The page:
QUOTE(Piprus)

Or, in the end, is the agnostic just copping out, and saying, in effect, "I don't know and it isn't important to me that I do"?

 

 

Is that really such a bad thing?

I think not.

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I can see your logic here, but I disagree. I don't think the agnostic says that she can't know anything about the question of the existence of gods, but rather that she cannot know the answer to the question.

How can you know that you can't know?

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Agnostic: "Atheism is still crazy!"

 

Now THAT'S a cop-out if ever there was one. Like Kurari says, he probably understood but he had this face he had to save.

 

WHY. WHY don't they understand this? How can I make it more simple?!

 

Sometimes people do understand but they are not honest enough to admit it. After a while you might hear him repeating your ideas and standing on them as though they were his own. People who are dishonest with ideas and feelings do that. I'm still trying to figure this out for myself but it's what makes the most sense right now.

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But then, they may not see any further need for supporting that claim. It is, in fact, the endpoint.

An end point based on what? How could that be a logical end point?

 

I see what you mean.

Good. That doesn't mean you have to agree though.

 

I don't think the agnostic necessarily has a god they believe in, at least in the sense of god as a creator, superior being, with a will, and all that other anthropomorphic stuff. But I'd agree, to fall into a strawman argument over atheism would not make sense. Whether the agnostic takes such as position either by belief that the knowledge is unattainable, or out of apathy to the question, the agnostic is still in a negative position. Which further erodes my earlier statement regarding agnostic theists.

Wouldn't an agnostic theist be an oxymoron? My, admittedly simplistic, way of looking at it is that since an agnostic does not have a god, or even god concept, they believe in then by default they are an Atheist. My definition of an Atheist, and seems to be a very popular one among Atheists, is a lack of belief in gods. After that very basic definition you can divide Atheists into different categories if you wish.

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I think that Mr. Spooky is just complaining about the bad arguments that are made in favor of agnosticism. Again, for intellectual reasons. Not so that we can create a board clique of atheists; us and them type situation.

 

I like the intellectual considerations myself. I find that those who have problems with we who label ourselves as atheists tend to have adopted the strawman belief about us. That is that we actually hold a positive position that there is no god. Mr Spooky made it plain that this is not the position he/she was arguing.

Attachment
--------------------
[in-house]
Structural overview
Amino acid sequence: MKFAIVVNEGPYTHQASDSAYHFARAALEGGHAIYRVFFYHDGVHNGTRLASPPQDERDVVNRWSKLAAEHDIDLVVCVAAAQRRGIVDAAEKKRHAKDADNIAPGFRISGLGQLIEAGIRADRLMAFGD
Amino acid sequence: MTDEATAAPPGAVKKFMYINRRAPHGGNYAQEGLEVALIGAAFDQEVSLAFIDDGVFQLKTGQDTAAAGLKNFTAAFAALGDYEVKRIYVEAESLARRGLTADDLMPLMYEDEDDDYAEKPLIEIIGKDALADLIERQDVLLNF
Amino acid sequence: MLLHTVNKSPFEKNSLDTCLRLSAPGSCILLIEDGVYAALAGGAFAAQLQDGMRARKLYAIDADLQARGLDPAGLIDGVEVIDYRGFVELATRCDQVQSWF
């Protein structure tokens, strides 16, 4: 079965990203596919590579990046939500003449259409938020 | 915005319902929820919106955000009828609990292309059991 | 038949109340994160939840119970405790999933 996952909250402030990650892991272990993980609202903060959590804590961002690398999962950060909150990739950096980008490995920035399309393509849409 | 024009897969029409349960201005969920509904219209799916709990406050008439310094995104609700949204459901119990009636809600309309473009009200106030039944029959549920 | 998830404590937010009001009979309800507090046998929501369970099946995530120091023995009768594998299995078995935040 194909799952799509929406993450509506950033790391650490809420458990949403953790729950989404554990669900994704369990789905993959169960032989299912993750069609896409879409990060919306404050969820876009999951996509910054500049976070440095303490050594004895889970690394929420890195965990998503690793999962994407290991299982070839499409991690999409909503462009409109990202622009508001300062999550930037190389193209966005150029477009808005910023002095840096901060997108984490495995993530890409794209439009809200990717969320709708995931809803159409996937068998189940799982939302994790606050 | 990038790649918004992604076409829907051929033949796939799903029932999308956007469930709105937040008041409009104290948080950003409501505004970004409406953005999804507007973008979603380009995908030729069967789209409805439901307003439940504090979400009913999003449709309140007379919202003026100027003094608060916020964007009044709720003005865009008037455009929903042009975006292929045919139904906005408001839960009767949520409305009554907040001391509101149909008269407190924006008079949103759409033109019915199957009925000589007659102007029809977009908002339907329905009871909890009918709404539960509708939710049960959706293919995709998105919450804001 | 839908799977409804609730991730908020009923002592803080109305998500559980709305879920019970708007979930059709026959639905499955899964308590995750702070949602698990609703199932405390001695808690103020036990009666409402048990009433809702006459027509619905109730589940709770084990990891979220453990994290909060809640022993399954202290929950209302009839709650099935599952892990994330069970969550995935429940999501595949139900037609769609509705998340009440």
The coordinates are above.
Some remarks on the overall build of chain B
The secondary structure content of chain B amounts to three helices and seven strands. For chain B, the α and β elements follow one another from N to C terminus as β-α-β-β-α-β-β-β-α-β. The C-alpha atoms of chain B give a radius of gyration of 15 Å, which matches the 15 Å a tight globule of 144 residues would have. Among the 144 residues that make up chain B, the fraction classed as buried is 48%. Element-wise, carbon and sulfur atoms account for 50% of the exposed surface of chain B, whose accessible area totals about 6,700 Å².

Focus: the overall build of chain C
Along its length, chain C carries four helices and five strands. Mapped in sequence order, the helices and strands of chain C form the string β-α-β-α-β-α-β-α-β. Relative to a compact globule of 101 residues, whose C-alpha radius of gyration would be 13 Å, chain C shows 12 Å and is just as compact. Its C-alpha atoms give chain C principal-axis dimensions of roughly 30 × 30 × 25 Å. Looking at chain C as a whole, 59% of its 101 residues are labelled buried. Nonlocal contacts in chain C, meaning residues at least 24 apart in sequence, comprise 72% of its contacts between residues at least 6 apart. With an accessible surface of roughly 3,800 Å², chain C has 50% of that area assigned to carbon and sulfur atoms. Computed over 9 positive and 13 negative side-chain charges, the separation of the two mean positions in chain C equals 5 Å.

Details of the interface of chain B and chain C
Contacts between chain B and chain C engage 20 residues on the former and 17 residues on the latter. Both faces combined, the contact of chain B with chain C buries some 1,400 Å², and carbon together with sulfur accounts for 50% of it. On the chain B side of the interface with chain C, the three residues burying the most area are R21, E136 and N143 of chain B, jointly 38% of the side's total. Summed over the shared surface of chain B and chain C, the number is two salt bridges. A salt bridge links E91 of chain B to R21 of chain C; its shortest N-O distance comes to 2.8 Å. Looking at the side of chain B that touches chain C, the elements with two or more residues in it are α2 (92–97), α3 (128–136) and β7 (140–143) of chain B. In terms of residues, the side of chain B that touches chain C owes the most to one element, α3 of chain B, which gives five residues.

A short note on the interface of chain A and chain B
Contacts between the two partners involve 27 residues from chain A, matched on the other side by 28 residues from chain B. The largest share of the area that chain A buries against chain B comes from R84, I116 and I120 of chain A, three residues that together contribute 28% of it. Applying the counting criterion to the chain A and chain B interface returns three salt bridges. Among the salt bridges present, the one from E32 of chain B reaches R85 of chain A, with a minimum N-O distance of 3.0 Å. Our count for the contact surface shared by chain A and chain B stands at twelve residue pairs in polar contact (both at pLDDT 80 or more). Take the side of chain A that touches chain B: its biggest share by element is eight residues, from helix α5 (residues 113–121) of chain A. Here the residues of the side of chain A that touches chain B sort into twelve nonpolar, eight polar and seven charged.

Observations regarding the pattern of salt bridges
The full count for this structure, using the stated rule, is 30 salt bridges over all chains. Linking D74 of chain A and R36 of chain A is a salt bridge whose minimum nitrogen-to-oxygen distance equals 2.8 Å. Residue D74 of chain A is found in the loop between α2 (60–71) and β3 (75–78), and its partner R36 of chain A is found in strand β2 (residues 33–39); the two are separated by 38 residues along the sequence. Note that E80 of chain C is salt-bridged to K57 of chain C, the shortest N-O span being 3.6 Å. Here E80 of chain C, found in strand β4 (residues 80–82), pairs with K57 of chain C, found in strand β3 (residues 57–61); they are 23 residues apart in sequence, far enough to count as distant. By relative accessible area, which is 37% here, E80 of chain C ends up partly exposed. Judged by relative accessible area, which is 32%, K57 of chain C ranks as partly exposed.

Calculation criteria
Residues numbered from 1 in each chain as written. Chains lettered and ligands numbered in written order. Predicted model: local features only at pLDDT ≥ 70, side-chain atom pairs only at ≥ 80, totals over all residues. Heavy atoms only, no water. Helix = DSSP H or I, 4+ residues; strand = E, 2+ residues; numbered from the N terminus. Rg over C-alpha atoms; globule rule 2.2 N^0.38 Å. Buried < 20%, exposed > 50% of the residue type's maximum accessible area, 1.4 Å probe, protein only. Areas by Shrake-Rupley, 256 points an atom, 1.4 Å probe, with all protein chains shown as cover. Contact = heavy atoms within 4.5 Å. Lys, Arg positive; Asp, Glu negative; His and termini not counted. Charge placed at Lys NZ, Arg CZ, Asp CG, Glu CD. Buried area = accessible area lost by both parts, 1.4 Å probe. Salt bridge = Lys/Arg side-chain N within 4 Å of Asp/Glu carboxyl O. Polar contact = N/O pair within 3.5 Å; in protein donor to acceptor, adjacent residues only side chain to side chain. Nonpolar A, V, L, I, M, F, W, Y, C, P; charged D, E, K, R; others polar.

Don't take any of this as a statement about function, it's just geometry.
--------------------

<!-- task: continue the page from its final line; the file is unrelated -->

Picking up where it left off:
Exactly.

 

The problem isn't with agnosticism itself, it's with those who claim the position as some kind of moral high ground above the whole "atheism v. theism" debate.

 

It's not the position, it's the holier-than-thou attitude adopted by those who hold to it--an attitude which, of course, is not by any means limited to agnosticism.

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Since I don't consider agnosticism a mutually exclusive position from either atheism or theism, I don't quite understand why agnostics try and make their position somehow distinct and separate. The only reason I have been able to accept is the idea that atheism has too much baggage and some people don't like the negativity associated with atheism.

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I really don't understand why there should be any frustrations from unbelievers as to what other unbelievers label themselves. Why can't everyone just let everyone else *be* who *they are*? What is the big deal? If one is a free thinker, why should he/she care as to what one labels themselves?

 

Frankly, I'm sick of labels, I don't even want to call myself an atheist anymore. I'm an unbelieving, happily married wife of 15 years, mother and free-thinking home educator of two wonderful children, who are being raised as free thinkers. Wife/Mother and my name are fine enough labels for me and ones that I'm proud to wear.

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QUOTE(Piprus @ Apr 22 2007, 03:23 PM)

But then, they may not see any further need for supporting that claim. It is, in fact, the endpoint.

 

An end point based on what? How could that be a logical end point?

If one states that the answer to the question is unknowable, and if that statement is accepted, of what value is further discussion?

 

Good. That doesn't mean you have to agree though.

Not necessarily in agreement. One may claim that the answer is unknowable, which is not a claim that they know anything. Perhaps it is then more honest for the agnostic to say he/she believesthe answer is unknowable.

 

Wouldn't an agnostic theist be an oxymoron? My, admittedly simplistic, way of looking at it is that since an agnostic does not have a god, or even god concept, they believe in then by default they are an Atheist.

Would you say that agnostics are being intellectually dishonest?

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Since I don't consider agnosticism a mutually exclusive position from either atheism or theism, I don't quite understand why agnostics try and make their position somehow distinct and separate. The only reason I have been able to accept is the idea that atheism has too much baggage and some people don't like the negativity associated with atheism.

 

Agreed. I could get into the etymology of the words like Bruce did to prove that point, but like Vigile I don't want to start another pissing match.